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Rohan Quine - New York - An Endless Game(49) An Endless Game. As a demon spirit named Fujin, in the short film An Endless Game directed by Momoe Melon.

In this demo-reel compilation of my scenes in An Endless Game, the lovely Momoe’s vision has an authentically fairy-tale quality of deadliness and magic. The exterior and interior of the brownstone building was in Harlem; the park was on Forsyth Street; and that happy sequence of trippiness and inventive surreality, where I move in mysterious ways while a light drizzle of fish-heads comes down around me, was filmed in a desolate corner of Red Hook, Brooklyn.

(A black-and-white film record of the very same red corrugated-iron fence can be seen in Untitled, elsewhere on this demo reel. In view of its two appearances here in Those New York ’Nineties, I feel affection for that old fence, which was probably removed when Red Hook stopped having desolate corners.) (5’43”)
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Rohan Quine - New York - Last Goodbye(50) Last Goodbye. Kissing my boyfriend Cradeaux in a loft apartment in Brooklyn, in the music video for “Last Goodbye” by Jeff Buckley, directed by John Jesurin.

I last spoke with Jeff when I bumped into him in Saint Mark’s Bookshop in the East Village, just a few days after he’d come back from two years of touring almost non-stop: he told me he was enormously looking forward to spending a good few weeks of not travelling anywhere.

For the filming of this fleeting moment of music and romance, Cradeaux and I were in the company of only Jeff and the director. The previous year, in his notes on the back of the sleeve of his first commercial record, the four-song EP Live at Sin-é, Jeff kindly mentioned our names along with the names of several others, such as Mal and Kim, who’d been lucky to see and hear some of his early performances within the intimate confines of the mighty Café Sin-é, 122 Saint Mark’s Place, between Avenue A and 1st Avenue in the East Village. This track was included on the album Grace. IMDb listing here and Wikipedia page here. (15”)
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Rohan Quine - New York - Angel's Baby(51) Angel’s Baby. As dive-club waitress Nana, in the short film Angel’s Baby directed by Magdalena Solé.

Working in the less glamorous end of NYC nightlife, my character Nana is going through some hassles. So too is my colleague, here in the bar’s cramped dressing-room—a woman named Angel, whose job is to writhe suggestively with a feather boa on a tatty little stage. But tonight at last Angel has had enough of this, and of our boss’s groan-worthy comedy performances: she just walks offstage and out of the dive-bar for good, saying no goodbyes to us. I think I recall this was shot in the well-worn Jupiter Lounge, in a pre-gentrified Lower East Side. (1’48”)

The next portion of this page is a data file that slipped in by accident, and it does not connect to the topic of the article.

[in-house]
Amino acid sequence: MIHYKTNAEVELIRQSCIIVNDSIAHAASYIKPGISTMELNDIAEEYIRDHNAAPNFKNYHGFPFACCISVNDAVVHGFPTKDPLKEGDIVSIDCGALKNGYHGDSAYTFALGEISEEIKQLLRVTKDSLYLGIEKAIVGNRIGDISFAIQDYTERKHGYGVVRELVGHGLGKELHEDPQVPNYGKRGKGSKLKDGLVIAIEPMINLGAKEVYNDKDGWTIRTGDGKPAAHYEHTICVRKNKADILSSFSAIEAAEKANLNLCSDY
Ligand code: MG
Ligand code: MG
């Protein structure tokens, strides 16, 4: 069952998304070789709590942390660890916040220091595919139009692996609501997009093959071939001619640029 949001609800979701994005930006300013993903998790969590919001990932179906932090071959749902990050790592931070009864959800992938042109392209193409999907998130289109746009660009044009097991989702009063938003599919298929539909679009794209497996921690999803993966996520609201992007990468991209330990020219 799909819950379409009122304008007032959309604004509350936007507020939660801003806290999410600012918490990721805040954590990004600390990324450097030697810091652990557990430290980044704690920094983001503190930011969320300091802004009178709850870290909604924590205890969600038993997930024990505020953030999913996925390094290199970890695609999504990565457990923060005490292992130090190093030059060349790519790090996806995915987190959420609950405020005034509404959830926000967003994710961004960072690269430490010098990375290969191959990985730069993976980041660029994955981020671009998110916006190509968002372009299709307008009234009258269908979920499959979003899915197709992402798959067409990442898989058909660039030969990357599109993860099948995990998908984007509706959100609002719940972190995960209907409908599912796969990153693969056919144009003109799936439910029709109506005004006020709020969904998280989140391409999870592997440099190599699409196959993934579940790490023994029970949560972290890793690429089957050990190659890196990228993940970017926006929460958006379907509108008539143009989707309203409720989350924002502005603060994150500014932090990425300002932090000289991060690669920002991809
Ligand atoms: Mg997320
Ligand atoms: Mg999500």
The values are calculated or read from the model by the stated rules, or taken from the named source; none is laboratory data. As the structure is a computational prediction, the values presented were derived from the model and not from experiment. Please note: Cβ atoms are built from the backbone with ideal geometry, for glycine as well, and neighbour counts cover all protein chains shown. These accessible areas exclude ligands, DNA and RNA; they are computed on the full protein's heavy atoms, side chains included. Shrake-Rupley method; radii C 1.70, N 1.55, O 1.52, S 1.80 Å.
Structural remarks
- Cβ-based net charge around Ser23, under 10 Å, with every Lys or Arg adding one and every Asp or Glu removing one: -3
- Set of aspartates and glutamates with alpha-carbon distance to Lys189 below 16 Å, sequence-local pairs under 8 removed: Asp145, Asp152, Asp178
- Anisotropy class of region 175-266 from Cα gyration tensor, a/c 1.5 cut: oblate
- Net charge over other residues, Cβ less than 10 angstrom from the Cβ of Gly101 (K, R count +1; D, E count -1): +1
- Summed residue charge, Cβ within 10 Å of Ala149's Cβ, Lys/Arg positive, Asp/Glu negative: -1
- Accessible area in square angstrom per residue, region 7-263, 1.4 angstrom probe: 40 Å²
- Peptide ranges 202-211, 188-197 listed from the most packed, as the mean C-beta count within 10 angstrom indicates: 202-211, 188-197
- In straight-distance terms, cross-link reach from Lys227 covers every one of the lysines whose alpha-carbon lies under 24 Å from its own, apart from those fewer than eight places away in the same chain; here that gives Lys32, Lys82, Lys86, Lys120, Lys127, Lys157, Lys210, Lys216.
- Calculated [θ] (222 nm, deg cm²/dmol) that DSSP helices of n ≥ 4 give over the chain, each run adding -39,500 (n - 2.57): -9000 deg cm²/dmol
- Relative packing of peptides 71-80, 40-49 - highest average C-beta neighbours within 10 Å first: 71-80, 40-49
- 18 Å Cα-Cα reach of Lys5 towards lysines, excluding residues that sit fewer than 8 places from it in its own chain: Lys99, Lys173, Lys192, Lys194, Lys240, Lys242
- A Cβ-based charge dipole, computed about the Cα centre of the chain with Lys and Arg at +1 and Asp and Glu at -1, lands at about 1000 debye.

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Rohan Quine - New York - The Errant Girl(52) The Errant Girl. As rent boy Nate, chatting with my agent on a Harlem stoop, in the short film The Errant Girl, whose director I must apologise to because I’ve since lost track of her name.

For a tongue-in-cheek snippet of Harlem hustle, this is me on the stoop of a brownstone just above Central Park, one yellow-lit summer afternoon. Nate appears sheepishly unable to hand over the agreed-upon commission to his hard-working pimp named Flames, who is less than impressed at such errant behaviour. #lifeimitatesart / #researchingtherole (41”)
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Rohan Quine - New York - Bad Reputation(53) Bad Reputation. As a creature of the night, in New York’s Meatpacking District, in the music video for “Bad Reputation” by Freedy Johnston.

This rasher of the Meatpacking District is served as the result of a late-evening shoot on Gansevoort Street. It being in the ’90s, this was around the hour when many beautiful trans sex-workers were starting their work just a couple of blocks away on a stretch of 14th Street. That stretch was from around 9th Avenue outside J’s Hangout, westward to where the Liberty Inn offered rooms by the hour on the SW corner of 10th Avenue (which it still does, albeir in a more tourist-targeting way, now that the girls of West 14th Street have long since scattered elsewhere). (34”)
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Rohan Quine - New York - If the Shoe Fits(54) If the Shoe Fits. As Kiki the stylist at a shoe fashion shoot, in the short film If the Shoe Fits directed by Tanya Fenmore.

Here’s me bringing a red-blooded, rough-hewn earthiness to the role of Kiki the stylist—an emotionally draining and thankless role (for the audience, at least).

This wispy little vol-au-vent of fierceness has a soundtrack including Rupaul’s “Supermodel (You Better Work)”. Depicting a shoe fashion shoot (“show me a little more toe, please”), it captures something of the down-to-earth moral gravitas of the fashion industry.

May our heavenly guardian Stylist never shirk from dusting the powder-puffs of tinglement upon the cheeks of our tinglability. (1’13”)
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Rohan Quine - New York - Sexuality & Our Faith(55) Sexuality and Our Faith. Two happy atheists, gladly hired to appear in an educational video titled “Sexuality and Our Faith”, which was designed to help ensure that most Christians’ understanding of human love relationships remains broader than most bishops’: giving Cradeaux flowers on a Long Island station platform. (33”)